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Teens at the now closed Police Activities League Center in East Portland. Helen Silvis
Arashi Young of The Skanner News
Published: 13 April 2015

The Multnomah County Health Department plans to partner with parents in helping keep local teens healthy and safe as they start becoming sexually active.

The agency last month put in a bid for federal funding to address local Black teens’ runaway STD infection rate as well as overall sexual health and pregnancy among Black, Latino and Native American youth.

The county is partnering with Self Enhancement Inc., Latino Network, Native American Youth and Family Center and Planned Parenthood Columbia Willamette to create the Adolescents and Communities Together (ACT) project.

The Federal Office of Adolescent Health will fund 60 locations throughout the nation, giving each project $1.25 million per year for five years.

Kim Toevs, manager for the STD program within the Multnomah County Health department, said this grant would enable the county and partners to do a lot of outreach.

Involving parents is one of the most important parts of the initiative, she said. It is also one of the most complicated pieces. Despite the perception of the rebellious teen, Toevs said teenagers take in a lot of influence from their parents.

“Parents need to initiate that conversation, but parents often feel like they don't know how to do that,” Toevs said. “They don't know if what they know is up to date anymore from their own youth.”


Birth Rate for Black Teens is Almost Double the Average

Part of the grant will fund safe spaces for parents to gain the information and confidence to talk to their children about sex.

The grant would also pay for new sexual education curriculum and cover the cost of training teachers – costs that would normally come out of the tight school district budget.

Local teen birth rates for African American, Latino, and Native Americans are higher than the national average. Across the country, there are 22.6 births for every 1,000 females between the ages of 15-19; in Multnomah County, the birthrate for Black teenagers is 40.5 per 1,000, according to Oregon Vital Statistics.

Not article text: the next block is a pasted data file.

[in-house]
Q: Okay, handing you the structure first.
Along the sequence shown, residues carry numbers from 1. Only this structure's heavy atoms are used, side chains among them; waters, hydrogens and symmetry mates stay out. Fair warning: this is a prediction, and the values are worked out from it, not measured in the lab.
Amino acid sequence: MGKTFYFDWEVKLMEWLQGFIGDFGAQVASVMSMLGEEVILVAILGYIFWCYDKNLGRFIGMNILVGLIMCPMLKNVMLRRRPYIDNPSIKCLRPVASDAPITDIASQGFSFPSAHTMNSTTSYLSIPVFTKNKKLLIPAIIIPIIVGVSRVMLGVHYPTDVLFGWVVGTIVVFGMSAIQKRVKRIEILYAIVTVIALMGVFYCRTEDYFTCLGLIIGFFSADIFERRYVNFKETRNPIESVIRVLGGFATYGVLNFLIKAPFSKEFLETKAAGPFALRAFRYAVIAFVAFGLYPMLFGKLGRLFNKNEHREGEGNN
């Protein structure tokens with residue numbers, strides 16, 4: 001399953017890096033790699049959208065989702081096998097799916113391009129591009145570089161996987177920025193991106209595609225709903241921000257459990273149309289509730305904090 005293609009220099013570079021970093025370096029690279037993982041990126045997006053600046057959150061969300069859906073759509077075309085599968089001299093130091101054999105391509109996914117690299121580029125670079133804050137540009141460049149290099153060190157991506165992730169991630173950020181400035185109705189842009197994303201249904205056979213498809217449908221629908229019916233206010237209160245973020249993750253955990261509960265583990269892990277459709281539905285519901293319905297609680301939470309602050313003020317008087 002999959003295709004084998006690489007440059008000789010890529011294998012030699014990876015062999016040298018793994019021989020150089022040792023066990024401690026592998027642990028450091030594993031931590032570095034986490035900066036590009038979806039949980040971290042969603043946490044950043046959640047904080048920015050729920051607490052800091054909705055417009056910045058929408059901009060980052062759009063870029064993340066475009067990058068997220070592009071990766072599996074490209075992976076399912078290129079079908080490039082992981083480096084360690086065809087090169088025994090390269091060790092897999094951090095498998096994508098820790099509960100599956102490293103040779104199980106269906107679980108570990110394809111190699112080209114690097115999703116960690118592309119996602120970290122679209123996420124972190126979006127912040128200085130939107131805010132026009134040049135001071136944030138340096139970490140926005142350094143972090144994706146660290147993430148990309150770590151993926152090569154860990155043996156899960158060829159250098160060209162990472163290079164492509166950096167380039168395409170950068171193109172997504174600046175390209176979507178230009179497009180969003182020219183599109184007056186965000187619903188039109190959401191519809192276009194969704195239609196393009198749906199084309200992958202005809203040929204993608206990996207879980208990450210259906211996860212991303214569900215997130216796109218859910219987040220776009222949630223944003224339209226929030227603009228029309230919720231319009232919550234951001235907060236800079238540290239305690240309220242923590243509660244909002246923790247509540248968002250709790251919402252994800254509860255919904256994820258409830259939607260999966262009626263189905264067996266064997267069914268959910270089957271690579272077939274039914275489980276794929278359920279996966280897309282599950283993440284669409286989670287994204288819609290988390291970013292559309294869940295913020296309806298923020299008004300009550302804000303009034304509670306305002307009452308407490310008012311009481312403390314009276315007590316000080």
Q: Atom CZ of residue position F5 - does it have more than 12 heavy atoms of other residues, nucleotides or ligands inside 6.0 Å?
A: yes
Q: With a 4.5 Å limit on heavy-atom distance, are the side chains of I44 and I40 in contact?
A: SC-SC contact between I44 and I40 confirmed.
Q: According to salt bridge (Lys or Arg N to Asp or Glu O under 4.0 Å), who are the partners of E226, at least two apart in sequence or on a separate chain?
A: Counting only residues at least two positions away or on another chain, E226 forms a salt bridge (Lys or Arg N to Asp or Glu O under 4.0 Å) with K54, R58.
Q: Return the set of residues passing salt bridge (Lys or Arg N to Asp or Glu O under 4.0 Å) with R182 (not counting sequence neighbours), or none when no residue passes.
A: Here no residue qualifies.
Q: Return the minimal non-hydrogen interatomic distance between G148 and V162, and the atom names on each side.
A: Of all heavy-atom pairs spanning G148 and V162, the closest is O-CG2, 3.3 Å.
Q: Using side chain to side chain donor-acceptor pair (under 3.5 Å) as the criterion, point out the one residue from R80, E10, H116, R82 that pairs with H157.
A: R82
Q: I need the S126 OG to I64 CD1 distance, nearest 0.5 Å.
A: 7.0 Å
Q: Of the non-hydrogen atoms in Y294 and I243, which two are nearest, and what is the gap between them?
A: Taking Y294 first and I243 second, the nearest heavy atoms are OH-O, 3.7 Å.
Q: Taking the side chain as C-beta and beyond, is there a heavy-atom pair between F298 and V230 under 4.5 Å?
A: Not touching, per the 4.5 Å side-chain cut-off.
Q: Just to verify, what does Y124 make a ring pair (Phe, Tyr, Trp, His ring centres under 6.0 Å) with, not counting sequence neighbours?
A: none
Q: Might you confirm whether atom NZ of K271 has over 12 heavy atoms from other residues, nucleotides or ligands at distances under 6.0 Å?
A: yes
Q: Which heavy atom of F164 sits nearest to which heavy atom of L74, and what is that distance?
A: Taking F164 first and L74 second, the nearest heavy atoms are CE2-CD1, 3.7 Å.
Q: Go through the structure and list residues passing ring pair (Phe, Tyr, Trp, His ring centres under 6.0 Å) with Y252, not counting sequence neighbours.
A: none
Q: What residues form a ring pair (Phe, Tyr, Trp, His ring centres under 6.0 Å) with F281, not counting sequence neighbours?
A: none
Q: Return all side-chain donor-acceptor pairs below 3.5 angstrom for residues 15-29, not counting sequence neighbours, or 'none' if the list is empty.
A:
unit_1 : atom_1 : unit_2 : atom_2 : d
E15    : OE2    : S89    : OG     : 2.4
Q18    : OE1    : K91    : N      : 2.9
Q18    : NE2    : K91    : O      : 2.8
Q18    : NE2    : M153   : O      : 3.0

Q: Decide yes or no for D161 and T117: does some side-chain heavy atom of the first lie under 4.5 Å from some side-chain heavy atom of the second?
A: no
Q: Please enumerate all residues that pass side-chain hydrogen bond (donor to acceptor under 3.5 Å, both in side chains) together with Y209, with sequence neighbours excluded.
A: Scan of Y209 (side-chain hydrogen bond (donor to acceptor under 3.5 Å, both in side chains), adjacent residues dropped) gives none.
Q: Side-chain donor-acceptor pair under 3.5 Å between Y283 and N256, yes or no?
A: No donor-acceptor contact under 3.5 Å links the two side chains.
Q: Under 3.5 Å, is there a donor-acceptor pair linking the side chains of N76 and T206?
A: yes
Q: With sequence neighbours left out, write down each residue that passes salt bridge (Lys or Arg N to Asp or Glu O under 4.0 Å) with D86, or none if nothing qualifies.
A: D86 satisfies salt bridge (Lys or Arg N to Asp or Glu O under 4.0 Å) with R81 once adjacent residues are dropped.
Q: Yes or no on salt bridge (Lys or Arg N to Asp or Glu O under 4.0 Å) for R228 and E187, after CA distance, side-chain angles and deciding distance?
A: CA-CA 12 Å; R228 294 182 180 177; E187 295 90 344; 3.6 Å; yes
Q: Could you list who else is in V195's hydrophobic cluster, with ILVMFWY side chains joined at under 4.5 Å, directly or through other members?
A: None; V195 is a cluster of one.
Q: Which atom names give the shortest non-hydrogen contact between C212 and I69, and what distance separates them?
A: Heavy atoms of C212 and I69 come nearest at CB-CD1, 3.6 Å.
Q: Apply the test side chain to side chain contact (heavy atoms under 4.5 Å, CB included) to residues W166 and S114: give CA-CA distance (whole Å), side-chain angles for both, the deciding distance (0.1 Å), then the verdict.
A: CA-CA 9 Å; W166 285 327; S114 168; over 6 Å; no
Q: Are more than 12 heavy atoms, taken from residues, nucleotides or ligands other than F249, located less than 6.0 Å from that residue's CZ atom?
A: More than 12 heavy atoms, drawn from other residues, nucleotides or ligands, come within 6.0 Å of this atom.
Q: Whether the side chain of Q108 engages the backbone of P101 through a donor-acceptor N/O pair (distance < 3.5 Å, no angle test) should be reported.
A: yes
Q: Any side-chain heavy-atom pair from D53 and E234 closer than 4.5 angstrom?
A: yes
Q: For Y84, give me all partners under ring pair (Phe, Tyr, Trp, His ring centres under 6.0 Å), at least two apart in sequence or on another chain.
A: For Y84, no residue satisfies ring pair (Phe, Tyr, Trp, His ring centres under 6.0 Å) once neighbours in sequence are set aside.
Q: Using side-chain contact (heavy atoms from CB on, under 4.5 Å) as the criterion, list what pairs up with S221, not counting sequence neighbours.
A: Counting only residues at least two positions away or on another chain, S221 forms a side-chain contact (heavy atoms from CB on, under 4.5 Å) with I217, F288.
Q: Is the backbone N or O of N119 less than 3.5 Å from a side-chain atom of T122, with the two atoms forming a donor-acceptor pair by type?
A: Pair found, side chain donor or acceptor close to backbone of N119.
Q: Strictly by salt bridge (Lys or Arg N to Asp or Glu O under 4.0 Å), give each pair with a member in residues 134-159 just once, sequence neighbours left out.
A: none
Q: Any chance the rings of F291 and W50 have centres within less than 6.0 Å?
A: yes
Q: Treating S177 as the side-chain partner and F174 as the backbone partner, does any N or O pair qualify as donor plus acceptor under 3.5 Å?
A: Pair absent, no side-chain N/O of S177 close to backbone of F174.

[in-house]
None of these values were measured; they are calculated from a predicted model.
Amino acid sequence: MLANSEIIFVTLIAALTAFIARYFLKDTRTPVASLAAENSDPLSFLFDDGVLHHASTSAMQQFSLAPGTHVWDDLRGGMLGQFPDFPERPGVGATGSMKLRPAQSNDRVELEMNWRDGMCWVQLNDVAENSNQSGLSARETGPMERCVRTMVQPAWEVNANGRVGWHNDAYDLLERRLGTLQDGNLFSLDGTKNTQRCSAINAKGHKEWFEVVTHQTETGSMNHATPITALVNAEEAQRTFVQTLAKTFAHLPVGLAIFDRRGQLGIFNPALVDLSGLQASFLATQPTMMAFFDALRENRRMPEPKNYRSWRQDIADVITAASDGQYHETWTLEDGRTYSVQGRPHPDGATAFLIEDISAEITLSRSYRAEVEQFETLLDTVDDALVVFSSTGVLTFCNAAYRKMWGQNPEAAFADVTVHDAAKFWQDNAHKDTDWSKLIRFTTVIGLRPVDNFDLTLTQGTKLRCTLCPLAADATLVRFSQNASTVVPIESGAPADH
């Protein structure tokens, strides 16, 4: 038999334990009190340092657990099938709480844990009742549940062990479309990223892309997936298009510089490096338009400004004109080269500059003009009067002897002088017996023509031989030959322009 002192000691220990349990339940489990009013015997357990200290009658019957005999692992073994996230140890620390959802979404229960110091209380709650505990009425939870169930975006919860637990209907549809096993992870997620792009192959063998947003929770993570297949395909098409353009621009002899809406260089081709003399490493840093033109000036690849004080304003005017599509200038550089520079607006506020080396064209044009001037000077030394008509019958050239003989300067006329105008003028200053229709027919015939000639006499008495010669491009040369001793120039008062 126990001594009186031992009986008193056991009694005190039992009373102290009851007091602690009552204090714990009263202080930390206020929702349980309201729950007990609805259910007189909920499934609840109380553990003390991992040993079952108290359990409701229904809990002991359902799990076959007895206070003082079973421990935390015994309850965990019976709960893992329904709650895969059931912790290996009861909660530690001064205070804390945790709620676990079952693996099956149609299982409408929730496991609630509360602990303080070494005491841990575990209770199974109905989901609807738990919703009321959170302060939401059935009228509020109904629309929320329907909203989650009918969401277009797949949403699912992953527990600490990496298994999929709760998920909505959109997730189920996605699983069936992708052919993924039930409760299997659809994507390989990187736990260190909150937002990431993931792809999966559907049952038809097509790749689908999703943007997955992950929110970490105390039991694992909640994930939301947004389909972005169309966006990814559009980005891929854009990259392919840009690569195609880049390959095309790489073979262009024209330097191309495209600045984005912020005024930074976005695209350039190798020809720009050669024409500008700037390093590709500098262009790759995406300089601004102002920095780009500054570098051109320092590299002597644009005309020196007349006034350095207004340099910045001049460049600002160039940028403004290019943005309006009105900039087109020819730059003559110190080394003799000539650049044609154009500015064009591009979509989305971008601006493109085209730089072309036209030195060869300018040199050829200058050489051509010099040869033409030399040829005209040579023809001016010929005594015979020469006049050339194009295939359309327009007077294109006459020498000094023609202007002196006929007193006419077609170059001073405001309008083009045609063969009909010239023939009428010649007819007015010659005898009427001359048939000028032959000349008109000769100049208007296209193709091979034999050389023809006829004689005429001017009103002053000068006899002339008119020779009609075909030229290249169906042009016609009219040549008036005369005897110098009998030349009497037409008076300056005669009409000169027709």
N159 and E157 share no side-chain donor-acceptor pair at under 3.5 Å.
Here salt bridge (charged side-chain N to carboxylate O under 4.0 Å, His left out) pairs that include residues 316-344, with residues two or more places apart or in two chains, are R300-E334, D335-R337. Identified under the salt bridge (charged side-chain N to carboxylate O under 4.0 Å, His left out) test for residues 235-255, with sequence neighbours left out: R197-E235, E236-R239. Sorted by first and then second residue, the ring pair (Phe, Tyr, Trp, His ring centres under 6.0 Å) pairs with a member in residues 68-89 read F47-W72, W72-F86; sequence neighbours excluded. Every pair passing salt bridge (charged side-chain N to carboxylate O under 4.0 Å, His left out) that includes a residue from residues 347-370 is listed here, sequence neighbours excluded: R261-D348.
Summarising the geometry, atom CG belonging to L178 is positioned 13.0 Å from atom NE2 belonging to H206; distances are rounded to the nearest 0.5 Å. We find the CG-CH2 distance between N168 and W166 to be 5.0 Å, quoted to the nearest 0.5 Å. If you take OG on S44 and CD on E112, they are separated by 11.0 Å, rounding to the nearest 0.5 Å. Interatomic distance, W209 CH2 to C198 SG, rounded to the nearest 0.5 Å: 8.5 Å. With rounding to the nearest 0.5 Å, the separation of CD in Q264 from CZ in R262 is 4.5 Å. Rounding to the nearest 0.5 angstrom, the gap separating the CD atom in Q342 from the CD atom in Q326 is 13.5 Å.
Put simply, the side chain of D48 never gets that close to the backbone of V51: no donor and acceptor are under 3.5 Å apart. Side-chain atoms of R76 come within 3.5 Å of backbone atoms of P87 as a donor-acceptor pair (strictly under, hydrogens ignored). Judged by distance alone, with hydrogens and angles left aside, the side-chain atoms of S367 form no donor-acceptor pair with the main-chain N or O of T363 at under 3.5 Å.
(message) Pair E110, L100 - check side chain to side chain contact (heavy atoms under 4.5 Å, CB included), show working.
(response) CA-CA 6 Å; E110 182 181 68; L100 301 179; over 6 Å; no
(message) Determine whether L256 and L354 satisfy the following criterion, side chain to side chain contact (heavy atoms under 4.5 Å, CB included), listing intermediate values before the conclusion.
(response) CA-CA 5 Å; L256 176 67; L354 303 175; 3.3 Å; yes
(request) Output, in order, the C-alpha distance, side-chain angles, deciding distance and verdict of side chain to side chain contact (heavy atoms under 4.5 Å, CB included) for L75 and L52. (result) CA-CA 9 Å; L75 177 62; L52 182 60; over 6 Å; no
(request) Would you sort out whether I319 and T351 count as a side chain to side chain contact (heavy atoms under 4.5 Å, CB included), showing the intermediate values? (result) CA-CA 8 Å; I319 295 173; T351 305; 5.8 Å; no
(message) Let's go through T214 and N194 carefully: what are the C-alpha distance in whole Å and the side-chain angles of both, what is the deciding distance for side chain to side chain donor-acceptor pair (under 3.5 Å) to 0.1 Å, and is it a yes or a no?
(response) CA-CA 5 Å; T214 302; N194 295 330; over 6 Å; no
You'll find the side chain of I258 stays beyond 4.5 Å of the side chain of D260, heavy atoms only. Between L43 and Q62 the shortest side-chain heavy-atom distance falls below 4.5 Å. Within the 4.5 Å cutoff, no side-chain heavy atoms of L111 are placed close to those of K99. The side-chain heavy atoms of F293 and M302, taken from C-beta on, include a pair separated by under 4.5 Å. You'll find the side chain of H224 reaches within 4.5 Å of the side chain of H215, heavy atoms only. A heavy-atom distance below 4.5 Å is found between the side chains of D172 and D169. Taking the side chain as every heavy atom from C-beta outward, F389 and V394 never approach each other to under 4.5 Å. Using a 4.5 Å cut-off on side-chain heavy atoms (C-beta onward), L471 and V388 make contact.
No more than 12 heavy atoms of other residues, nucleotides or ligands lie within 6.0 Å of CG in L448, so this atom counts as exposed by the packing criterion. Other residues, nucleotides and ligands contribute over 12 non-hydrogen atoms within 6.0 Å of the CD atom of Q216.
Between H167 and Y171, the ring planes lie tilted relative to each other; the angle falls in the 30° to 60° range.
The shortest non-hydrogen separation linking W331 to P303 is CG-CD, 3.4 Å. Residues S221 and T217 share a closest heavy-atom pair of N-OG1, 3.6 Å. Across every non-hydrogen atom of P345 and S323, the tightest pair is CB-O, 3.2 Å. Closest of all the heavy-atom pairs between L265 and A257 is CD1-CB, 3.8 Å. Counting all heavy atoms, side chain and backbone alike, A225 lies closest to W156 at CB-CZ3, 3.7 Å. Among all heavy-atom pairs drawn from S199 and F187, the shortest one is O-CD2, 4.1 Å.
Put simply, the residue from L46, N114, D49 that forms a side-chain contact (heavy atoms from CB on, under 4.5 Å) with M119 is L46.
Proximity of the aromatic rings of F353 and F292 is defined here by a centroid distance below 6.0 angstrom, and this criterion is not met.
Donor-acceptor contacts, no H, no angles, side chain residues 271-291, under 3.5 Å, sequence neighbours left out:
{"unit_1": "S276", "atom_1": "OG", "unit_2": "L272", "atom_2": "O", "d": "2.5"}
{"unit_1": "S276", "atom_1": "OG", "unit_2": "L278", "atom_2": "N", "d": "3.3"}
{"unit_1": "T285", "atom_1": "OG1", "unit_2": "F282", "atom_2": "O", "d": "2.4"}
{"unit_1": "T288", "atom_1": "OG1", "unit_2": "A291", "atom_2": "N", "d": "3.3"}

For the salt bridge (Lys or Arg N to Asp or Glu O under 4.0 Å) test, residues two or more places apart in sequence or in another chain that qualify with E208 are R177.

The disparity between Black and white teen pregnancies is even greater when looking at teen pregnancy rates which include live births and abortions. The pregnancy rate for Black teens in the county is 69.2 per 1,000 females, compared to 27.5 pregnancy rate for white teenagers.

Toevs said the goal is not necessarily to keep teens from having children if they desire them, but to address the issues of poverty, lower high-school completion rates and lower household incomes that can impact birth outcomes and hit a young family hard.


ACT Project Will Focus on STD Prevention and Relationship Skills

The ACT project would also address sexually transmitted infections. Black teenagers are shown to have the highest rates of chlamydia and gonorrhea of any racial group in the county.

Data from the 2013 Oregon Healthy Teens Survey showed that Black teens were 43 percent more likely to have been 14 years old or younger the first time they had sex and 35 percent more likely not to have used a condom compared to white teens. Black teens were also more likely to report encountering dating violence.

The project would focus on neighborhoods and school districts with high populations of Black, Latino and Native American students and often high poverty rates. These neighborhoods also have either high rates of teen pregnancy, high rates of sexually transmitted infections or both. The county has already determined these areas of focus:

  • St. Johns
  • Inner Northeast Portland
  • Cully
  • Parkrose
  • David Douglas
  • Centennial
  • Reynolds

The county says the ACT project will use a positive youth development model. The approach focuses on teaching positive life skills to develop a sense of self-value. Beyond sexual health awareness, the method would includes relationship and communication skills, health care advocacy and violence prevention.

Toevs said it is also very important for the county to take a trauma-informed approach to this work. Long-term institutional inequities that have led to income disparity, nonconsensual medical experimentation and forced sterilization have all created an understandable distrust of government intervention.

The ACT program openly acknowledges these social determinants of health and employs a spectrum of different people from the community to work side-by-side with outreach partners.

The county will know if they got the grant around July 1, and Toevs says they’ll be ready to plan with their community partners as soon as they get the grant.

For Toevs, she hopes the grant will give teens the confidence and information to choose when they want to have children.

“Being able to have the skills you need, and the access to the healthcare you need, to be able to make your own choice about when and if you are going to have kids, that is the goal,” Toevs said.

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